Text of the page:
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Title: Elucidating the molecular drivers of prostate development using iPSC-derived organoids
Authors: Singh, Parmveer
Issue Date: 2021
Publisher: Newcastle University
Abstract: Prostate cancer (PCa) is one of the leading causes of death among men in developed countries. Advances in uncovering the mechanisms of this disease have in part been hampered by the absence of a suitable human model that incorporates the complexity and variability of the disease. Inherent limitations of current models have prevented a complete understanding of PCa. Recently, patient-derived prostate organoids have emerged as an additional tool to complement current models. However, the process of prostate organoid generation using primary tissue can be inefficient. To overcome this and other limitations of current prostate organoid methodologies, our group developed an alternative method to produce prostate organoids using induced pluripotent stem cells (iPSCs). However, the process of prostate differentiation is complex and has yet to be fully elucidated. This research focused on optimizing the in vitro conditions of iPSC differentiation to prostate organoids, with a focus on using neonatal seminal vesicle mesenchyme (SVM) to induce prostate specification. The optimal culture conditions to produce prostate organoids were established and methods to maintain and analyse organoids were standardized. Organoids generated were composed of luminal, basal, and stromal cells, with rare neuroendocrine and stem cells. Additionally, we sought to elucidate the molecular drivers of prostate induction through RNA-sequencing analyses of the early rat prostate and inductive SVM. We were able to uncover candidate genes enriched in the inductive mesenchyme that may be involved with prostate specification. We were also able to identify genes and pathways in the epithelium that are likely responsible for responding to cues from the mesenchyme, leading to prostate differentiation. The candidates found in this research can be evaluated for their ability to improve iPSCs to prostate differentiation, which may eliminate the need for rodent mesenchymal tissue in this model. Furthermore, the datasets generated in this research can be further interrogated to better understand the reactivation of developmental genes in adulthood, leading to PCa.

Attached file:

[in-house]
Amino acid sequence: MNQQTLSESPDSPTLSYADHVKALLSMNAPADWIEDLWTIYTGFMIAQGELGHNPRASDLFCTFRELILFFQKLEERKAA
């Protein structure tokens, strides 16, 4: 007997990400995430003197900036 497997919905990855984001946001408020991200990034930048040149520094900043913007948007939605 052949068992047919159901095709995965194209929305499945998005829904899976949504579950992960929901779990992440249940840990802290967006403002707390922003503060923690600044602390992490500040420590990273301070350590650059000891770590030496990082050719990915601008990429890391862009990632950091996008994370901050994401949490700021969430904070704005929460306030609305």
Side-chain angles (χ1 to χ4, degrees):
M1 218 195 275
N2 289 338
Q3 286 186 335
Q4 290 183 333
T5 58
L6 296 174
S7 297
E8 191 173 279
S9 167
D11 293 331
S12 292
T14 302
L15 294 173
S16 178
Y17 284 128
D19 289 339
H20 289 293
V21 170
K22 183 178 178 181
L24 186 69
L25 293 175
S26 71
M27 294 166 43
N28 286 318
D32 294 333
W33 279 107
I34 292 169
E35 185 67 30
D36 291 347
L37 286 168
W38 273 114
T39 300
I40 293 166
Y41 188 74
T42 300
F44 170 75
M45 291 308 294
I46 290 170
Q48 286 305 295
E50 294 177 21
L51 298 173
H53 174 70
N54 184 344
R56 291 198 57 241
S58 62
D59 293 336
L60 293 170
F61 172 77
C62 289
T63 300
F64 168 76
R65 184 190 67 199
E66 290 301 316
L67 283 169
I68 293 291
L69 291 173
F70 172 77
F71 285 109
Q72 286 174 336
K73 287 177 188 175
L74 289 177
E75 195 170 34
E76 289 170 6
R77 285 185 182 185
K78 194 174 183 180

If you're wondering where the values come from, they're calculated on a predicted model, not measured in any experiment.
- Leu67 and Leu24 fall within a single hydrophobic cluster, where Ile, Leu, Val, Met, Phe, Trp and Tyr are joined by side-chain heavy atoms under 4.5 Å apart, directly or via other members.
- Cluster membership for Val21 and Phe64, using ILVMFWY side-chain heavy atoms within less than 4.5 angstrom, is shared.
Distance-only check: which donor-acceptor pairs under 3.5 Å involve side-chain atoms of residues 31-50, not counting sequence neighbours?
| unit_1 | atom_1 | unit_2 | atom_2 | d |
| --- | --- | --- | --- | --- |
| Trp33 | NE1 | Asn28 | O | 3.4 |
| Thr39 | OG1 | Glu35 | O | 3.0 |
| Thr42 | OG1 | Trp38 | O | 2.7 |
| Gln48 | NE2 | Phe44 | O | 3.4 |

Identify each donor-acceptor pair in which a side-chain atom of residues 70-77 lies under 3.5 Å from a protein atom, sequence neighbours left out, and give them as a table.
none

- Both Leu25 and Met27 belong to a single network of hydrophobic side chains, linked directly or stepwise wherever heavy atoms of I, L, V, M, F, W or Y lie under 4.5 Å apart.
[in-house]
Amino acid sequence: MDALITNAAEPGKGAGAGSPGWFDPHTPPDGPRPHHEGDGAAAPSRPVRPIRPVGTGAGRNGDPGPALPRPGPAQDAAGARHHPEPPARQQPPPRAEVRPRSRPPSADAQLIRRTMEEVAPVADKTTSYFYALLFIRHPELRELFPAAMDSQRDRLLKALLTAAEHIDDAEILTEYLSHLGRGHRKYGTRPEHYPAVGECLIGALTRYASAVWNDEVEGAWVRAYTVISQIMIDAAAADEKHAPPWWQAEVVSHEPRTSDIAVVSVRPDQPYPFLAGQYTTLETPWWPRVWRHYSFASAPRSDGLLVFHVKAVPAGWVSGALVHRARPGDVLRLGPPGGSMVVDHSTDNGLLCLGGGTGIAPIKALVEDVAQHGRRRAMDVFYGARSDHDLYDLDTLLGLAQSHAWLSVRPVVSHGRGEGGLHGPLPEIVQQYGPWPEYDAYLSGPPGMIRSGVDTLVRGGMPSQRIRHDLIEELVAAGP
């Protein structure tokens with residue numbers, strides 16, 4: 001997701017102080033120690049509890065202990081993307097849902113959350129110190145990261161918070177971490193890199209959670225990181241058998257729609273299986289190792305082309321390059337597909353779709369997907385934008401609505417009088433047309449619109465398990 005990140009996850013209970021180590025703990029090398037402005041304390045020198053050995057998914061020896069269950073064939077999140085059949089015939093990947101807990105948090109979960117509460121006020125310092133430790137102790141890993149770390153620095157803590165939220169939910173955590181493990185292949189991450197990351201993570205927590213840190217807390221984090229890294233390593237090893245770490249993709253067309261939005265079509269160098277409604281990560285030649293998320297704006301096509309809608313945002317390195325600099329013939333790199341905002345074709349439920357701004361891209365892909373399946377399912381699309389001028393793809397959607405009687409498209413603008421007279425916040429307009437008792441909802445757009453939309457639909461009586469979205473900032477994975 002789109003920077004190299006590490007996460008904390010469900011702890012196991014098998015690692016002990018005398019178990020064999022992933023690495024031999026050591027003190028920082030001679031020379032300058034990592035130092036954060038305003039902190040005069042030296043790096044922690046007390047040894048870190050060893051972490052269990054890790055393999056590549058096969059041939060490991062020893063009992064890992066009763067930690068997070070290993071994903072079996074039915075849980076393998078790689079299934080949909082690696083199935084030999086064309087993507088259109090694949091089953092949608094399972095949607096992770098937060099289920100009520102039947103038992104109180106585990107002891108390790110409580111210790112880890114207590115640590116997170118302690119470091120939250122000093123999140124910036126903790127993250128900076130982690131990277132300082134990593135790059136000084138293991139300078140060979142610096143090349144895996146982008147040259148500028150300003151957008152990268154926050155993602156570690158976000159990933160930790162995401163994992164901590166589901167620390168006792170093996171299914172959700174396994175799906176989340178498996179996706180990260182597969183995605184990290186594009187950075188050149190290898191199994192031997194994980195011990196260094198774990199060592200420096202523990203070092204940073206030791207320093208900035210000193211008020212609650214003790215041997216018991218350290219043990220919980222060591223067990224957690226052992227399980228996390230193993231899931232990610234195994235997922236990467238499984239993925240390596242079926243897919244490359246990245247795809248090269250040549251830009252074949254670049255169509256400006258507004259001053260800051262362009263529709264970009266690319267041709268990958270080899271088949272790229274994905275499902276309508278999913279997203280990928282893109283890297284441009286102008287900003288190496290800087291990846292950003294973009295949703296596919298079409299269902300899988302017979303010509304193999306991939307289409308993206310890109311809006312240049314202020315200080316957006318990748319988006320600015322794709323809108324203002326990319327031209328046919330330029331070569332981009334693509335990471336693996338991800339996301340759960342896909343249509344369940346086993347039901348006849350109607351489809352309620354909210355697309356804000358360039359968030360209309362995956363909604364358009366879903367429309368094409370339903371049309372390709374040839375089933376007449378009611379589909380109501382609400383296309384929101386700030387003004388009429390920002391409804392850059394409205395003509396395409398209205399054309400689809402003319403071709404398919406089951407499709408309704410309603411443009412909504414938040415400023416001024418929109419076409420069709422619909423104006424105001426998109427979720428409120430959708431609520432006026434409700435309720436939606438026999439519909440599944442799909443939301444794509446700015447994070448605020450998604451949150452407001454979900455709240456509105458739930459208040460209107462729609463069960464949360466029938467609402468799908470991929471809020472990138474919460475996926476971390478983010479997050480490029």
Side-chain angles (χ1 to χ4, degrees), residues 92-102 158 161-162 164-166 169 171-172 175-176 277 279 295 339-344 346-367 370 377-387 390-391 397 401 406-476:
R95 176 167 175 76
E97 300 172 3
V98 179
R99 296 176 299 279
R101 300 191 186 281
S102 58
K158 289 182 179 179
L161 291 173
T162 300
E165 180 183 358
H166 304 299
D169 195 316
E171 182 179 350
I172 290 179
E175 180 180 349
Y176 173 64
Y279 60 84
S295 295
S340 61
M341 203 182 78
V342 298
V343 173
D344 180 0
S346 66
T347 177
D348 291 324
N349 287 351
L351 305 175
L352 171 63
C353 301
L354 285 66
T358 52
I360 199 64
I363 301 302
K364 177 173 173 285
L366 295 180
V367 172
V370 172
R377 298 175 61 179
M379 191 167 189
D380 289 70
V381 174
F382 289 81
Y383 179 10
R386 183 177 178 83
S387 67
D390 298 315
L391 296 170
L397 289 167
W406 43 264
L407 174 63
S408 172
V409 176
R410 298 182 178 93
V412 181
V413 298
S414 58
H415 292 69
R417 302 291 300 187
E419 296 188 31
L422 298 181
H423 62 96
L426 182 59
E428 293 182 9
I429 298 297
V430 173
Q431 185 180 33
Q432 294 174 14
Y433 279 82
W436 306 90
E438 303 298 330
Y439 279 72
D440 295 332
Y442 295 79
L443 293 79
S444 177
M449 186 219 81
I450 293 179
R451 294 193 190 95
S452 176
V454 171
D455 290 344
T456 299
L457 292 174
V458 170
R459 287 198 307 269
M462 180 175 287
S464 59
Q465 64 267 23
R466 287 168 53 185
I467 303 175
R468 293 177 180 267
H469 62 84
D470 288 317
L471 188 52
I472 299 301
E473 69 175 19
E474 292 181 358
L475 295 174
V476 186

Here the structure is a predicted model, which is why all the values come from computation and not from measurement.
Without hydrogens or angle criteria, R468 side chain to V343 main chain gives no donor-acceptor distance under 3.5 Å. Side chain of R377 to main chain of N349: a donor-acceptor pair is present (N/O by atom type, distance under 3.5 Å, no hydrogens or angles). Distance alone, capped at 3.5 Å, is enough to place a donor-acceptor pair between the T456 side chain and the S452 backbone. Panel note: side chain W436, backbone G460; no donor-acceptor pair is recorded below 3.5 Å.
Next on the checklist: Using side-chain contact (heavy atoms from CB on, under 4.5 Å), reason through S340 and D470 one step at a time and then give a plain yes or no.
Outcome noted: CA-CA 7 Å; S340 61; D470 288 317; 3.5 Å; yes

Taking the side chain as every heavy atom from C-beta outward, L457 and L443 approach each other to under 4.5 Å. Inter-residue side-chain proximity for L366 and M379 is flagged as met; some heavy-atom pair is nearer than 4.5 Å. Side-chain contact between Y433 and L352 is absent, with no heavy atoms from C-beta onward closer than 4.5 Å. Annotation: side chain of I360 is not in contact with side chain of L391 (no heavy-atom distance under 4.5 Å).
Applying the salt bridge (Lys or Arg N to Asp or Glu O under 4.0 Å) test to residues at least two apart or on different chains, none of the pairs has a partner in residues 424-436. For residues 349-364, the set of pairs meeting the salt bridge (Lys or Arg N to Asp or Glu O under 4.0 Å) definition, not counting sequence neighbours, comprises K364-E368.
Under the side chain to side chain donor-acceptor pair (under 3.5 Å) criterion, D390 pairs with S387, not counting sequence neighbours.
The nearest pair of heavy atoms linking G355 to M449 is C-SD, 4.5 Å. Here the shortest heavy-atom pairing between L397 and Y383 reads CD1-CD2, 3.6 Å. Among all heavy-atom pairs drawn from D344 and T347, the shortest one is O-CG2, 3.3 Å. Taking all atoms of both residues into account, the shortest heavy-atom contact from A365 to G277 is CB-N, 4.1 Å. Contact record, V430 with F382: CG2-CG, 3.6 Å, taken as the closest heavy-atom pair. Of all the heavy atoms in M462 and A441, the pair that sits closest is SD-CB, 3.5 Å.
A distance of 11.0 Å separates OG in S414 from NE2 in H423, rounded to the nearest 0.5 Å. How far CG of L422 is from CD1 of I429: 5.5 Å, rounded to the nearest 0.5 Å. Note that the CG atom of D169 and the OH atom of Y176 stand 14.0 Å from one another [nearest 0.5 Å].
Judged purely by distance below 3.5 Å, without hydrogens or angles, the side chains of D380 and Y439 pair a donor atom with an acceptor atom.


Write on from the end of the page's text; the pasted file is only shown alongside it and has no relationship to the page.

Description: PhD Thesis
Appears in Collections:Translational and Clinical Research Institute

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